Construction of the DMCC Network and Identification of Candidate circRNAs
We next aimed to predict sponge circRNAs from the perspective of epigenetics regulation. To first identify circRNAs that highly correlated with DNA methylation, we established a DMCC network. We screened the 192 miRNAs differentially expressed in breast cancer and found that they formed 2,419 circRNA-miRNA interactions. A circRNA crosstalk (CC) network (Supplementary Figure 1) was established by sharing same miRNAs (Figure 2A), thus two circRNAs have sequence similarity. The CC network contained 747 circRNAs and 48,492 circRNA-circRNA connections. The circRNA-circRNA network represents the interactions between circRNAs, in which two circRNAs may have sequence functional similarities. The maximum degree of the CC network is 938. The degree distribution of the CC network is subject to the power-law distribution (Supplementary Figure 2), and therefore the CC network is a biologically significant network.
Figure 2. Establishment and analysis of DMCC network in the breast cancer. (A) The construction of the circRNA crosstalk (CC) network. The orange, green, and blue represent three different circRNAs, and the red and yellow rectangles are two miRNAs. (B) The DNA methylation mediated circRNA crosstalk (DMCC) network and candidate circRNAs. The blue nodes represent circRNAs. (C) Degree distribution of DMCC network. (D) The function and pathway enrichment analysis of circRNA host genes in the DMCC network. The abscissa represents the rich factor, and the ordinate represents the inverse of the logarithm of the P-value corrected by Benjamini. The larger value represents the significant of GO terms and pathway.
We next constructed a DNA methylation profile of the 747 circRNA host genes according to the circRNA location information and identified 201 differentially methylated circRNA host genes (P < 0.05). DNA methylation of these circRNA host genes could separate cancer samples from normal samples (Supplementary Figure 3). We calculated the Pearson correlation coefficient of DNA methylation between every two circRNA host genes. By connecting the two circRNAs with a Pearson correlation coefficient greater than random even >0.6 (P < 0.05), a DMCC network was constructed (Figure 2B). The circRNA host genes in the DMCC network are characterized by co-methylation. The DMCC network contains 92 circRNAs and 138 circRNA-circRNA interactions. The degree distribution of the DMCC network is also subject to the power-law distribution (Figure 2C), and therefore the DMCC network is also biologically significant.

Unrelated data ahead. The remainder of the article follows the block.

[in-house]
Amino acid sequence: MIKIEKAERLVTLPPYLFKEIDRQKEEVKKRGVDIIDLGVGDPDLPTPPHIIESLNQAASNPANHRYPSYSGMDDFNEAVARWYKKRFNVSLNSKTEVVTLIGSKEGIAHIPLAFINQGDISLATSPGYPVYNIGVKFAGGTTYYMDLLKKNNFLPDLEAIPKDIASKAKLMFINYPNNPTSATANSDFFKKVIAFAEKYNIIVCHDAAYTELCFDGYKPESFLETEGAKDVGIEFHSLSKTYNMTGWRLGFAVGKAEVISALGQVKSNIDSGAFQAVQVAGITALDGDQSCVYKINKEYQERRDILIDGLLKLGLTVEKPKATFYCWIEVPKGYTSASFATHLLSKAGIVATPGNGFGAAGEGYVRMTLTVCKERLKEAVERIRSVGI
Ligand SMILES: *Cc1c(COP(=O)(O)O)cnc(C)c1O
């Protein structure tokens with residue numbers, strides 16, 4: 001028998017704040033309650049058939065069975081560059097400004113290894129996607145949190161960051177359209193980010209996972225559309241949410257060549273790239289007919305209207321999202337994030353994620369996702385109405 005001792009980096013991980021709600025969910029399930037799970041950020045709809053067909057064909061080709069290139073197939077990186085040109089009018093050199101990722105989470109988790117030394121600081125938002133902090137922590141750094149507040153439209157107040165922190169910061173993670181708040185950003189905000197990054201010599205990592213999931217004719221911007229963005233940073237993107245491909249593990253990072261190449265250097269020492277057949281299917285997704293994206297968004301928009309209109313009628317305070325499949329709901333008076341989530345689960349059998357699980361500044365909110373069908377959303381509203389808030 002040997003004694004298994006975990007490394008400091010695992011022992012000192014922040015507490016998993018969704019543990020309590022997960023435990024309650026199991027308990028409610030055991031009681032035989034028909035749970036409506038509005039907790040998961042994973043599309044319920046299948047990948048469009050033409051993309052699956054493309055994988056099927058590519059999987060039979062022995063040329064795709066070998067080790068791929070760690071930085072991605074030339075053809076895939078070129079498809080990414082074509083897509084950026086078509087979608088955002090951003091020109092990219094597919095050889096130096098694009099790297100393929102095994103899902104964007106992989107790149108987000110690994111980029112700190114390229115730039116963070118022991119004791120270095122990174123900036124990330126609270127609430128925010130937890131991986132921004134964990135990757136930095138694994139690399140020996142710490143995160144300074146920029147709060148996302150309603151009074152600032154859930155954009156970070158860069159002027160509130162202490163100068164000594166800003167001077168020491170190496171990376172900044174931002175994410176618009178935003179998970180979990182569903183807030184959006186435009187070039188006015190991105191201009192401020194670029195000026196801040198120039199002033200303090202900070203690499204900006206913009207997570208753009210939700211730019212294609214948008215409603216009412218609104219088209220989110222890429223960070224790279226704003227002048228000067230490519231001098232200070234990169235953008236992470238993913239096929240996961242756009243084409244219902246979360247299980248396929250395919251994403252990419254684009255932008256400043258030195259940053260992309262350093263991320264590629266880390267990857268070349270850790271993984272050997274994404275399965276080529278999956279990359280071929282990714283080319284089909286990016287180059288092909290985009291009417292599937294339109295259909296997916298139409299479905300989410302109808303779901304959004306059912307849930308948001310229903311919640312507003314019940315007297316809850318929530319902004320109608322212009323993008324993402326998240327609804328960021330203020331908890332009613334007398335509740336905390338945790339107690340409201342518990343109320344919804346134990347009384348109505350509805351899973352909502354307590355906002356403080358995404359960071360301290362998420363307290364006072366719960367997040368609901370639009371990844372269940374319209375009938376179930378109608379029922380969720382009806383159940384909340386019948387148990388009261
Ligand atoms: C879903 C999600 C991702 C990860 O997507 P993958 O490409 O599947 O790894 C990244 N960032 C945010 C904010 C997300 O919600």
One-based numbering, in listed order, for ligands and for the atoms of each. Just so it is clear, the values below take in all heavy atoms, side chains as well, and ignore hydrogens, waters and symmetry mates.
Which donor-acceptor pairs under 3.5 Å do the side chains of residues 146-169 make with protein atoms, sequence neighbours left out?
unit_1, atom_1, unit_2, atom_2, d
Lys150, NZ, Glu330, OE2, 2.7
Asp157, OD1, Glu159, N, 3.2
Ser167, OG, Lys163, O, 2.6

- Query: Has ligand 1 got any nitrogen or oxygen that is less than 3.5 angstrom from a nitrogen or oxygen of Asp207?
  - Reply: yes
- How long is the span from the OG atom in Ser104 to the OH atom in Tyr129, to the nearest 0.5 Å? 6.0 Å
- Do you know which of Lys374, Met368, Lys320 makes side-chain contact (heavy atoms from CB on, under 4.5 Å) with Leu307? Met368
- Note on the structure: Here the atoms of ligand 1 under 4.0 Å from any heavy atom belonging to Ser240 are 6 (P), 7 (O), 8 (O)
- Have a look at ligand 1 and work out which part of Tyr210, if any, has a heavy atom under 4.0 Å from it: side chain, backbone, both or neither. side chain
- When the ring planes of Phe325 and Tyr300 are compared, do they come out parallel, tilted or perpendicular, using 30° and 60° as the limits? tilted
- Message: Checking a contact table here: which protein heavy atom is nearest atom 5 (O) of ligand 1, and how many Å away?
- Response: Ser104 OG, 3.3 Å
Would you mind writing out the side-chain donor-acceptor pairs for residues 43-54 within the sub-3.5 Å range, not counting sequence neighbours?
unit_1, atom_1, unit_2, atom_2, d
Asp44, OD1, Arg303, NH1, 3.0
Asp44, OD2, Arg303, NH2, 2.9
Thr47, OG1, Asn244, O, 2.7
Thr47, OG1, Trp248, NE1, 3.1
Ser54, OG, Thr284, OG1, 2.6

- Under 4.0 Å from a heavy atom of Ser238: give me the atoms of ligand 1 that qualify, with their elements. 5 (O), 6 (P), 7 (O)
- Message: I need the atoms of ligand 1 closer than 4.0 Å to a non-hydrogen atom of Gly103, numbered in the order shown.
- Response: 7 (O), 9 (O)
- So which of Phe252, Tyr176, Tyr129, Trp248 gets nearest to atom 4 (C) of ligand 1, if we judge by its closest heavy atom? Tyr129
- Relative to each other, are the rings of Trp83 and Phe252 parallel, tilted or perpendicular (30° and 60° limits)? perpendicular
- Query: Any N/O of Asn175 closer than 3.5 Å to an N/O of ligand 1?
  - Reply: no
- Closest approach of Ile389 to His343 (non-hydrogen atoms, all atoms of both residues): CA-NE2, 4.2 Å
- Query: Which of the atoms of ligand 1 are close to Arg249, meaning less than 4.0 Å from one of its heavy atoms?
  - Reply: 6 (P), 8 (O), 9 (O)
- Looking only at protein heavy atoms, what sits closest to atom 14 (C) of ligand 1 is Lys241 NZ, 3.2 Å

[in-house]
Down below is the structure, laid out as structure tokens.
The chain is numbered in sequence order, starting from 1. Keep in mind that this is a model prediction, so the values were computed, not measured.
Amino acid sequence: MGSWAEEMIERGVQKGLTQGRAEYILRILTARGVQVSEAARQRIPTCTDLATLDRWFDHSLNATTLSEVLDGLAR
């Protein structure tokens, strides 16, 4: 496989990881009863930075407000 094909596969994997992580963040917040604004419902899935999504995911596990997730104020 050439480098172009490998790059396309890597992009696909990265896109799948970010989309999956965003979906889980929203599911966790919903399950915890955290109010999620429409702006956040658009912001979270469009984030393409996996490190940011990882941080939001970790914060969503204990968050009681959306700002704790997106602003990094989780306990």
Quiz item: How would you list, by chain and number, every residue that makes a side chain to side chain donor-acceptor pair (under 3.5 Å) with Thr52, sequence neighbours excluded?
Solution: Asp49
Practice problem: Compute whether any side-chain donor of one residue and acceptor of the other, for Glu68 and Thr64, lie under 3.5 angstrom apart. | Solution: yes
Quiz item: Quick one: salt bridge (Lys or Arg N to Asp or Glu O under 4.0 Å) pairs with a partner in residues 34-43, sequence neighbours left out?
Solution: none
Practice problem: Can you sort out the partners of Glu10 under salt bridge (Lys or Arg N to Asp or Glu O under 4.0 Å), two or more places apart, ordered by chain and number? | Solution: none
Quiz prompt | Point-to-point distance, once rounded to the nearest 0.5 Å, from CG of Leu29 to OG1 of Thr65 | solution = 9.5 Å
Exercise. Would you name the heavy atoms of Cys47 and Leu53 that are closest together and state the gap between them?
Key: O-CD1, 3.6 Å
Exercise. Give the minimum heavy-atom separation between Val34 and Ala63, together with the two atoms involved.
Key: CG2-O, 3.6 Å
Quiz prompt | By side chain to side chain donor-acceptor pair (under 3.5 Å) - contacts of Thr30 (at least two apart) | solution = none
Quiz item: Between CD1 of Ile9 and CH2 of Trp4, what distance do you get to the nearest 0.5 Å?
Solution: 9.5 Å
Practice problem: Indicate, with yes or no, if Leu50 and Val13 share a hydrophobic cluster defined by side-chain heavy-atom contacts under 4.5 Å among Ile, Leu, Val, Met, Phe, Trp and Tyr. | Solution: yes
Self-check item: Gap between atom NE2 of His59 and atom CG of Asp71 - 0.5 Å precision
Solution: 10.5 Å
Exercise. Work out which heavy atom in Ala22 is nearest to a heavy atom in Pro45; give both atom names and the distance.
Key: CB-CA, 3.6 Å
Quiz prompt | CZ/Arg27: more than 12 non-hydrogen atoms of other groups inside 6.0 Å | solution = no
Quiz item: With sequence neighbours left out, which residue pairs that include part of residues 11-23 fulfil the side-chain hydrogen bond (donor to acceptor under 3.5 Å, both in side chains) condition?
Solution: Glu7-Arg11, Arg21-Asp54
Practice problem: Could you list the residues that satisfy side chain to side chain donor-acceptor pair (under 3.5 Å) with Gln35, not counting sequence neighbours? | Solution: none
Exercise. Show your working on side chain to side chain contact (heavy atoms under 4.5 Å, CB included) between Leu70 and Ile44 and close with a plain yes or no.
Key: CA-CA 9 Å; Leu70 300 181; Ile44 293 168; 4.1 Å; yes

Our results above show that the 92 circRNAs in the DMCC network are differentially methylated in breast cancer samples, with sequence similarity and co-methylation characteristics. We next evaluated the biological function of these circRNA host genes by DAVID and found that the circRNA host genes are mainly enriched in the cell membrane, cytoplasm, protein binding, and protein domain specific binding (Figure 2D). These genes are mainly enriched in SUMOylation as a mechanism to modulate CtBP-dependent gene responses, systemic lupus erythematosus, and the Notch signaling pathway (Figure 2D).
To identify novel circRNAs associated with DNA methylation, module mining in the DMCC network was performed. Four network modules (Figure 2B) were obtained in the DMCC network according to the module score. Four circRNAs (hsa_circ_000582, hsa_circ_002025, hsa_circ_002024, hsa_circ_001851) are seed nodes of four modules. A total of 26 circRNAs in the four modules were used as candidate circRNAs for subsequent studies.
Establishment and Global Properties of the CMD Network
miRNAs interact with circRNAs as well as cancer driver genes through MREs (Bartel, 2009; Lü et al., 2017). Thus, some circRNAs may act as sponges by binding to miRNAs and preventing their interactions with cancer driver genes. These circRNAs therefore regulate the expression of driver genes and play a very important role in disease regulation.
To examine the regulatory interactions among potential circRNAs, their miRNA targets and putative cancer driver genes, we established a CMD gene network. We first screened 4,541 differentially expressed genes between breast cancer and normal samples (fold change > 2 or fold change < 0.5, p < 0.01). Differentially expressed genes and 125 cancer driver genes were selected and 25 breast cancer driver genes were obtained. According to rules (Figure 3A), we constructed a CMD network (Figure 3B), containing 23 circRNAs, 23 cancer driver genes and 45 miRNAs. The CMD network is divided into three layers: driver genes act as functional layer in the outermost layer, and the internal circRNAs indirectly regulate driver genes through miRNAs in the middle layer.